Royal danish ministry of foreign affairs



By Department Director Steen Bocian, Danske Bank

ECONOMY: The Danish housing market has seen massive price increases in recent years. It now looks like the good times are coming to an end

Since 1995, house prices in Denmark have almost tripled, apartment prices quadrupled – and in the capital, Copen-hagen, apartment owners have actually experienced almost five-fold increases.

However, it now looks like the good times are at an end. The first reports of a pronounced shift in the Danish market began to emerge in early 2006, and indeed the latest official statistics on house prices show a clear slowdown. After a couple of hectic years, house price growth slowed to just 1.5% from third to the final quarter of 2006 – a rather different pace to what had become the norm in recent years. Meanwhile apartment prices actually fell 1% compared to the previous quarter.

Falling house prices a rarity
When a prolonged period of rising prices is replaced by a slowdown and even modest price falls in some sections of the market, it is natural to ask if the house price bonanza that kicked off in 1995 was in reality a bubble and if prices on residential property are now on their way down. Falling house prices are, in fact, a relative rarity. In Denmark, there have only been two occurrences of falling prices since the 1950s – 1979-82 and again in the “seven lean years” from 1987-93. However, both cases were rather special situations where, in actual fact, it was perhaps mostly political intervention, rather than the market as such, that sent prices down.

In the late 1970s, Denmark pursued what could be termed an active policy of devaluation. The result was that the financial markets lost faith in the Danish economy – and interest rates rose above 20%. While inflation was also high, real interest rates were, nevertheless, double digit. High real interest rates combined with restrictive legislation on borrowing left its mark in the housing market during these years – a market that was already under pressure from the second oil crisis.

The market rules
Given all this, it was no great surprise that house prices dropped. The years between 1982 and 1986 were characterised by hefty price rises in the housing market, but 1987 saw the tide turn once more. Denmark ran into current account problems in the mid-1980s, with the deficit hitting 5% of GDP. The politicians were forced to act. They did so by tightening the legislation on loans and increasing taxes on owner-occupied dwellings. The move rocked the housing market, and prices fell over the following seven years. The point here is that it was political intervention – not the market – that presaged the two most recent downturns in Danish housing prices.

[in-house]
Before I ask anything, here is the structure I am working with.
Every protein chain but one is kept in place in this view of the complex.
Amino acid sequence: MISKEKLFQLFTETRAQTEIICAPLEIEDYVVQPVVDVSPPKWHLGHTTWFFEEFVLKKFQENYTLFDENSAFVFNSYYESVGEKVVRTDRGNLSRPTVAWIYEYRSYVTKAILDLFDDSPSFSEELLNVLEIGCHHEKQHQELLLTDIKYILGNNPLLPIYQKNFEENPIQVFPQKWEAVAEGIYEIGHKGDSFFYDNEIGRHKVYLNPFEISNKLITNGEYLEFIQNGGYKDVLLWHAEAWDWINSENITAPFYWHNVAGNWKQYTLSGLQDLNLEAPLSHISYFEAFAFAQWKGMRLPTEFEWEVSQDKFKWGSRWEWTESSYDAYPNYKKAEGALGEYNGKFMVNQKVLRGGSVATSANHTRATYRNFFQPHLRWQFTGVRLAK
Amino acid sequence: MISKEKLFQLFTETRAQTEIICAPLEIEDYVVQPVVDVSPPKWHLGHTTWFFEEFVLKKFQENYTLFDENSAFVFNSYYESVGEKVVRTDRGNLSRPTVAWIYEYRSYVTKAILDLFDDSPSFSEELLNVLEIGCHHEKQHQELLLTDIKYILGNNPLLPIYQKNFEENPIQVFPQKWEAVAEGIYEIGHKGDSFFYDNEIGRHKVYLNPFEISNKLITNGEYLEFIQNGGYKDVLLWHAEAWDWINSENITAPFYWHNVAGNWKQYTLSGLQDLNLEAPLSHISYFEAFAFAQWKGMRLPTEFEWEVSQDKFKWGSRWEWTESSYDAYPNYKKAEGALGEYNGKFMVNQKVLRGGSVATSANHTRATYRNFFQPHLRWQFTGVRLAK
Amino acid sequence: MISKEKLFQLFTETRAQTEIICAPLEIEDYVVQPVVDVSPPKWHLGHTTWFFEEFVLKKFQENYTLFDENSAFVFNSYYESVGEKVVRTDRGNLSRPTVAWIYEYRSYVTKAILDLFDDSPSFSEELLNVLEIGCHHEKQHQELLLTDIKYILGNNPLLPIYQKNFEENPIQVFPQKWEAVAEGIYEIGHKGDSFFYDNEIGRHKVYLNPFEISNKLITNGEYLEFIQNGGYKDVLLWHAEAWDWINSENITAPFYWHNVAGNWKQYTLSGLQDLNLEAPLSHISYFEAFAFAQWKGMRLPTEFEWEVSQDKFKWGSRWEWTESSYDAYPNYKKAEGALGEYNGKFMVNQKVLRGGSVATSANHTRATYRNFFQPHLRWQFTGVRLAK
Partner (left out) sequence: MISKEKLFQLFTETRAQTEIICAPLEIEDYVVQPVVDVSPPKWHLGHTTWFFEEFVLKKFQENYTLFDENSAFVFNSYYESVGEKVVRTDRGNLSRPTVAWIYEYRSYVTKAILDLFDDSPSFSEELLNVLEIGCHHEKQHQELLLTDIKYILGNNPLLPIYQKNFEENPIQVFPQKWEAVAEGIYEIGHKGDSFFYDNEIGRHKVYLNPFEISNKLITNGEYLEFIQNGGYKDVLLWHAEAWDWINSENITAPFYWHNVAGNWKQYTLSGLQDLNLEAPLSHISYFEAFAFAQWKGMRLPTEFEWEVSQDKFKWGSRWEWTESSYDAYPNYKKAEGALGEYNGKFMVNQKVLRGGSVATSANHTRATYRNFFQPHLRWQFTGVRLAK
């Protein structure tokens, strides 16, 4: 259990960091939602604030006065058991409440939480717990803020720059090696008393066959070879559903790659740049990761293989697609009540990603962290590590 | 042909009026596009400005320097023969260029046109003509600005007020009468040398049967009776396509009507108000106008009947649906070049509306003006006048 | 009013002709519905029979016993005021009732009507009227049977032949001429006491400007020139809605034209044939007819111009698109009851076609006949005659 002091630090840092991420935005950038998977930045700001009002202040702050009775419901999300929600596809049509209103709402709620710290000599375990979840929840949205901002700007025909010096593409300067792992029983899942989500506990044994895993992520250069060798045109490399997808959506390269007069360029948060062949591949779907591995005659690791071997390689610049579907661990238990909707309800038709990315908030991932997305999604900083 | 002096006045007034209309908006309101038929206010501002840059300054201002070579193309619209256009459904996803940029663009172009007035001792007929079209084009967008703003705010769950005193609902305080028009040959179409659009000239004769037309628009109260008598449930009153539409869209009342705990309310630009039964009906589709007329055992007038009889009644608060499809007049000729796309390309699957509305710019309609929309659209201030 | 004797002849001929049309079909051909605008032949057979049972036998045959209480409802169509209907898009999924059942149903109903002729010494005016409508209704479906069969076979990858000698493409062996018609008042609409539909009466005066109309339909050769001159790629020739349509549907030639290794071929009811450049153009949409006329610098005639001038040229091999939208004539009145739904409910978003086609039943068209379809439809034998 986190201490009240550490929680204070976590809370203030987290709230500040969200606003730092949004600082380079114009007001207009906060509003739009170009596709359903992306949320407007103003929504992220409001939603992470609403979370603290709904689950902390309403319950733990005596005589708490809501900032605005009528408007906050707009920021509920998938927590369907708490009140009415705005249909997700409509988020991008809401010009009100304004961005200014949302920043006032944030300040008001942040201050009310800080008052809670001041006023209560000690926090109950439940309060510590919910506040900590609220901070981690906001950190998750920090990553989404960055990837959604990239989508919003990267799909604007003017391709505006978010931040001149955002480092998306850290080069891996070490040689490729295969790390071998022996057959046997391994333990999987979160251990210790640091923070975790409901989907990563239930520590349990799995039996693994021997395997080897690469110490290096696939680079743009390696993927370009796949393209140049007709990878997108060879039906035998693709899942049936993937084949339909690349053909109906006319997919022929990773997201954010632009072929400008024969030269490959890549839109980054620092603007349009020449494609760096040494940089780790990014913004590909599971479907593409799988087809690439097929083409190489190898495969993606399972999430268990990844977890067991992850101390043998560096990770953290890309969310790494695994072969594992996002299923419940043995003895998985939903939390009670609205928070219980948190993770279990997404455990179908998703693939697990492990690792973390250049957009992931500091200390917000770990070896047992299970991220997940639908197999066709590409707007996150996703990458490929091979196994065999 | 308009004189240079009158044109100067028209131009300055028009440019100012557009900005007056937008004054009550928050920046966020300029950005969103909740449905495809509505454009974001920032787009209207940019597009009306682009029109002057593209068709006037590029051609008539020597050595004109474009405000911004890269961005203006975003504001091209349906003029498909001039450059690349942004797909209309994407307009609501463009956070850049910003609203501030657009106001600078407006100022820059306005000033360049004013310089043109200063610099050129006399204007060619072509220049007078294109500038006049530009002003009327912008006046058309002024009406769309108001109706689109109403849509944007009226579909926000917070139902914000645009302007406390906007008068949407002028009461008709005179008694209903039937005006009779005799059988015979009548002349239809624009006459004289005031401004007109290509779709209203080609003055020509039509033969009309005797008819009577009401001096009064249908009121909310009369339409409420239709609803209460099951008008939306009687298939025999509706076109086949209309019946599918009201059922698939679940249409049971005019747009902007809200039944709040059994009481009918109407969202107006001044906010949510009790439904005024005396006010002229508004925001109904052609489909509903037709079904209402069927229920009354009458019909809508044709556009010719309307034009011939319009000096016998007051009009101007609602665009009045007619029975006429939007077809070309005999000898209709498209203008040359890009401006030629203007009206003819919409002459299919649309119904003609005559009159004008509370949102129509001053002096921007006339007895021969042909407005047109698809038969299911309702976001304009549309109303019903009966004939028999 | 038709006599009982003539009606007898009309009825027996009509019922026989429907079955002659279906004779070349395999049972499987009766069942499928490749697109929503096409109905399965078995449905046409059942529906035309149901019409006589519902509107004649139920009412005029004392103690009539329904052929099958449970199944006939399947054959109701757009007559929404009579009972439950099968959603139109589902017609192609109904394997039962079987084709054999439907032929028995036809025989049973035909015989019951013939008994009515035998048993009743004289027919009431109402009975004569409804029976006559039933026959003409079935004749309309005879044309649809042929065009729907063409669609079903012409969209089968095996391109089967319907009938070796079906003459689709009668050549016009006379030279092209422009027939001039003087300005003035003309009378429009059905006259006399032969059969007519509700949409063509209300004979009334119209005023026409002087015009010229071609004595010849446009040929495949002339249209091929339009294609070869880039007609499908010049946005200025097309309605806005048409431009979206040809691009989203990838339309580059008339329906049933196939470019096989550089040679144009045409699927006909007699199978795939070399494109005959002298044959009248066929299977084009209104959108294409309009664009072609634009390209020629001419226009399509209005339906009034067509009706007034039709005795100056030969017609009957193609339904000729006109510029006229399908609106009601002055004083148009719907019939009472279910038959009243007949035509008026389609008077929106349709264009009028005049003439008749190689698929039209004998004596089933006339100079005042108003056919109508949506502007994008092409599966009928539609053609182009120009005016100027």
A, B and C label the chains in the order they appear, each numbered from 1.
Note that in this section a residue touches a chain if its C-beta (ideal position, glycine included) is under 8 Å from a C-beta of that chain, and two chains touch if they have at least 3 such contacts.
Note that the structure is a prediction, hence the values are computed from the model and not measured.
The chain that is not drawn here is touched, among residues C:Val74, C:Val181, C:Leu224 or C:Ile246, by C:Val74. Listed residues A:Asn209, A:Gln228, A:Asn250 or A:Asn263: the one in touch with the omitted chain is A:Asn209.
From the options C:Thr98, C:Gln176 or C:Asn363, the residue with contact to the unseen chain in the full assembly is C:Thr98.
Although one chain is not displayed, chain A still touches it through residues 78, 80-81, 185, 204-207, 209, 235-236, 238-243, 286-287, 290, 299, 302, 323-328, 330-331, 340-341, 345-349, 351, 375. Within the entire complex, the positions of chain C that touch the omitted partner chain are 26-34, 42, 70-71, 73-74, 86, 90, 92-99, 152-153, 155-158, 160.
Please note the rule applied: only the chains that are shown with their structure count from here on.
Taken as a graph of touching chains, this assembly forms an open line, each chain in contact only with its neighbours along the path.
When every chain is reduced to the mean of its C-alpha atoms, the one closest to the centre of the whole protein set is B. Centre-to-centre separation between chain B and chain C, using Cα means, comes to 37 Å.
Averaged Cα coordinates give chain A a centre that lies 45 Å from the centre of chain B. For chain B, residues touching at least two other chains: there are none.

This time, however, there is no sign of political intervention; it will be more up to the market to find a balance. As this is a unique situation, at least this side of the Second World War, there are grounds for some caution when predicting what will happen in the housing market in the coming years – there is simply very little in the way of precedent.

Rising interest rates
But what could cause prices to drop? In the current macroeconomic climate of record-low and falling unemployment coupled with healthy rates of growth it will hardly be the economic cycle. Interest rates may, on the other hand, have more potential. The rise in interest rates seen over the past one and a half years would support a slowdown in the market – the effect of the rise, all else being equal, would be a fall in housing prices of some 10-15%. But all else is not equal! The economic upswing has meant a sharp fall in unemployment, and this is offsetting the negative effects of the higher interest rates. Looking ahead, we expect further increases in interest rates, but nothing that could be expected to seriously depress housing prices.

A second factor with the potential to move house prices radically is market expectations. An excessive number of market participants who bought property in the expectation of a capital gain would mean a shift in sentiment could easily send prices down by 10 or 20%. Such a shift in sentiment is difficult to measure, but perhaps more importantly it is worth emphasising that the housing market is generally not nearly as speculative in nature as, for example, the equity market. Housing is primarily a consumer good – a roof over one’s head.

Stabilised prices
Our basic expectation is therefore that housing prices will stabilise around current levels in the coming years. The outlook is for just modest additional increases in interest rates and, anyway, the Danish economy looks to be in robust good health. That said, and given the lack of insight into market expectations and the fundamental market mechanisms, we would not care to rule out that the market may have come so far out of kilter that prices could fall sharply. We see a 25% chance of a major price fall around 25%. In other words a risk that should be taken seriously, but that, on the other hand, should not be exaggerated.

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